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Stock Analyst Update

Losses Keep Increasing at

On Monday, online bookseller  announced an operating loss of $0.19 a share and a net loss of $0.30 a share for the first quarter, in line with Wall Street expectations. Losses as a percentage of sales increased to 56%, from 47% in the fourth quarter. Revenue for the quarter was $78.2 million, a 142% increase from a year ago but a 5% decline from the fourth quarter. This was the first quarter in its brief history that the company's year-on-year revenue growth fell below 200%.

The most alarming number in's results was a decline in gross margin from 22.6% to 19.4%. Company officials attributed the shortfall to an unexpected jump in low-margin music sales, which forced it to turn to third-party distributors. They said that such problems won't happen again once the company's two new distribution centers are in place. Still, a decline in gross margin is a bad sign for any retailer, especially in the cutthroat online world. If can't get that number back above 20% next quarter, it may be in trouble. is inevitably compared to (AMZN), the oldest and biggest online bookseller. But although there are some similarities between the two companies, Monday's conference call highlighted some major differences.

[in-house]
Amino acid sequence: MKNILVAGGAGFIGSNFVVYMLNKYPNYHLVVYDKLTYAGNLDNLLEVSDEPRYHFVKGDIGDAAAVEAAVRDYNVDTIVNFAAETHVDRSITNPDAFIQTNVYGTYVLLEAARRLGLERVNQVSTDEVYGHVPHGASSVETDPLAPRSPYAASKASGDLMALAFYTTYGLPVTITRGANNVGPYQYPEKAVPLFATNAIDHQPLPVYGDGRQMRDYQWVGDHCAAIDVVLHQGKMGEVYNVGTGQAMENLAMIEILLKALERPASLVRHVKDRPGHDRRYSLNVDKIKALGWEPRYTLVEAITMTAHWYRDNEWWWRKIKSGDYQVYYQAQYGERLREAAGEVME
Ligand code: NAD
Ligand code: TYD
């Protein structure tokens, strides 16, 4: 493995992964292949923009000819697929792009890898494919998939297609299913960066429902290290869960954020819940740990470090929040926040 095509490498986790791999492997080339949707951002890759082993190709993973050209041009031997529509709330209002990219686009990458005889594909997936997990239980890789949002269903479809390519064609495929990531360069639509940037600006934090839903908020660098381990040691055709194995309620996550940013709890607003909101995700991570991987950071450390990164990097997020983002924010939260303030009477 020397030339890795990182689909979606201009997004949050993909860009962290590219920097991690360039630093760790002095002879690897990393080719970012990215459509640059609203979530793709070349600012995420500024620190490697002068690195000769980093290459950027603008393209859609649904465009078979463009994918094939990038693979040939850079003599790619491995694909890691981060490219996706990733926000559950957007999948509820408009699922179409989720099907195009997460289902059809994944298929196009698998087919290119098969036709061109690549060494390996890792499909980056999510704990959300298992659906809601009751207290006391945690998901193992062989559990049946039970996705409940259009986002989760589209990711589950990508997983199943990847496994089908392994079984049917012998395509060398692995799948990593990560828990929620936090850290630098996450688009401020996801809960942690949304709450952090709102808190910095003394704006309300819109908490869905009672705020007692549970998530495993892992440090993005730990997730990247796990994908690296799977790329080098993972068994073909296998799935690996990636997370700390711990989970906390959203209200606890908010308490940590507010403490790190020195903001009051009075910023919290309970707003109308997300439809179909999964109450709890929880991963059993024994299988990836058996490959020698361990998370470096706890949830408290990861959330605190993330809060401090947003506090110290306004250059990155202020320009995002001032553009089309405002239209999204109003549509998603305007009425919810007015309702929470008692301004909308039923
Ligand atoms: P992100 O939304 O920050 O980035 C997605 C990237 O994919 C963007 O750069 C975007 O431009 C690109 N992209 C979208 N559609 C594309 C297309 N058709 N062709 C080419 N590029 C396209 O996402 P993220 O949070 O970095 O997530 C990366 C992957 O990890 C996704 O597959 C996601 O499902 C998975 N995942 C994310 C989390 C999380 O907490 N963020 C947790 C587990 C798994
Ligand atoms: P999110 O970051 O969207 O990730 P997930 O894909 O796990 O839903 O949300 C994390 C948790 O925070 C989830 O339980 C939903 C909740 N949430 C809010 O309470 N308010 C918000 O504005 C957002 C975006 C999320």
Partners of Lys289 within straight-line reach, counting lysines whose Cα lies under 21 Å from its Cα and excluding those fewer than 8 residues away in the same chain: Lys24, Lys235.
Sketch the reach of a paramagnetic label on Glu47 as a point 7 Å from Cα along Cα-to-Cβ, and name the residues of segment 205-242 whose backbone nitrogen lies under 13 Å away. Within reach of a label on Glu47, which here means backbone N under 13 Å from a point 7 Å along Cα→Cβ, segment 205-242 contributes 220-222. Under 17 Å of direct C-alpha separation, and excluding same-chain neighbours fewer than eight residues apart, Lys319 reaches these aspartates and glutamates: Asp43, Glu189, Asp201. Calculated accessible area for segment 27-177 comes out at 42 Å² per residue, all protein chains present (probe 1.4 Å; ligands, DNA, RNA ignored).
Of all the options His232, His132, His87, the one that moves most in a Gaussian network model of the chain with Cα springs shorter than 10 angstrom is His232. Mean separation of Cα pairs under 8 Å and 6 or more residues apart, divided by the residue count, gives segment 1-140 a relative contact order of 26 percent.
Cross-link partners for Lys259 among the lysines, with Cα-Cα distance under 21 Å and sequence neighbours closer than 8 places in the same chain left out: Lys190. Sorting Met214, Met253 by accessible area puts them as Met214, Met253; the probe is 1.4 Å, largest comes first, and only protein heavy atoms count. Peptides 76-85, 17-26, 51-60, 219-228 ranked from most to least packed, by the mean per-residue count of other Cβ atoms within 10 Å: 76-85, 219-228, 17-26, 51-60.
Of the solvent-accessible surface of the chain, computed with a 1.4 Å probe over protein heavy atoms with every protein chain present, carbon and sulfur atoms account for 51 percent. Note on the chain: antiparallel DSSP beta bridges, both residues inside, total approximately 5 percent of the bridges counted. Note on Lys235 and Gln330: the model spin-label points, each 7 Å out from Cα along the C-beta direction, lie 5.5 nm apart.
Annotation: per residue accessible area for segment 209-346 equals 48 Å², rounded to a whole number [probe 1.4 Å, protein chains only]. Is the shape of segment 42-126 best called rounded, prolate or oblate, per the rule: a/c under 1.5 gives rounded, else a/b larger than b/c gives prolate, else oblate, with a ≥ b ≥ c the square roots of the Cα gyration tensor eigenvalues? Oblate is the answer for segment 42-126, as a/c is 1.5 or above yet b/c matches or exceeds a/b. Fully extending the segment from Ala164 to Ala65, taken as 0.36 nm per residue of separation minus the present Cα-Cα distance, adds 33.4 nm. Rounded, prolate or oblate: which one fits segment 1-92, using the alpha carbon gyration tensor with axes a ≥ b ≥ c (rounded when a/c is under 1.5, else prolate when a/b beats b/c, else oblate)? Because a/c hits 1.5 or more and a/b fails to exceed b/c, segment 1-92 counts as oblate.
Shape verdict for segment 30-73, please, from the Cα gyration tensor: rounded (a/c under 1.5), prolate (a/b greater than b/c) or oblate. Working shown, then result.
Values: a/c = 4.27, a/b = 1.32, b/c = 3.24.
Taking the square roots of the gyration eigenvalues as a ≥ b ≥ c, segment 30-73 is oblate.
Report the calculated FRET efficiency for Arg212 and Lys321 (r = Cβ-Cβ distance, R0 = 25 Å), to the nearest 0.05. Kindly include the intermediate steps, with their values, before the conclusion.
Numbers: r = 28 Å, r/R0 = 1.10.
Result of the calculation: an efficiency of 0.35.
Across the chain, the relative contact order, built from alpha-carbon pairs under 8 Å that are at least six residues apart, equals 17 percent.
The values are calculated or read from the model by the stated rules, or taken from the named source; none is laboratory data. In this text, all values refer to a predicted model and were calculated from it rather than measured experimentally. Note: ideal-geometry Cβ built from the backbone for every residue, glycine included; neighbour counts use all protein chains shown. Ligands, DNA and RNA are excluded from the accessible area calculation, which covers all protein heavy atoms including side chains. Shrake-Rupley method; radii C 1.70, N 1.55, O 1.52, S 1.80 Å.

While Amazon has branched out into selling all kinds of things over the Internet, plans to concentrate on books and similar "information" products, such as magazines, music, and videos. Interim chief executive officer Steve Riggio spent a lot of time during the call waxing rhapsodic about the possibilities of e-books, which users download from their computers into a special reading device. In March, successfully tested the technology with a new e-book-only novella by Stephen King, and Riggio said he expects e-books to be the wave of the future.

Another way differs from Amazon is that it has a bricks-and-mortar partner in former parent Barnes & Noble , which still owns 40% of the company. Barnes & Noble has been reluctant to promote in its stores for fear of cannibalizing its sales, a strategy critics have called short-sighted. But Riggio, whose brother Leonard is CEO of Barnes & Noble, has pledged closer cooperation between the two companies. This is a positive development, because there's a growing consensus that a hybrid bricks-and-clicks model has advantages over an Internet-only model.

However, any advantages will be academic if doesn't start paring its losses soon. Its cash hoard of $360 million will keep it afloat for a while, and its relationship with Barnes & Noble means that the clock isn't ticking quite as loudly as it would for a stand-alone e-tailer. Still, this company had better start making larger strides toward profitability in the next few quarters, or it will end up as a footnote in the history of online commerce.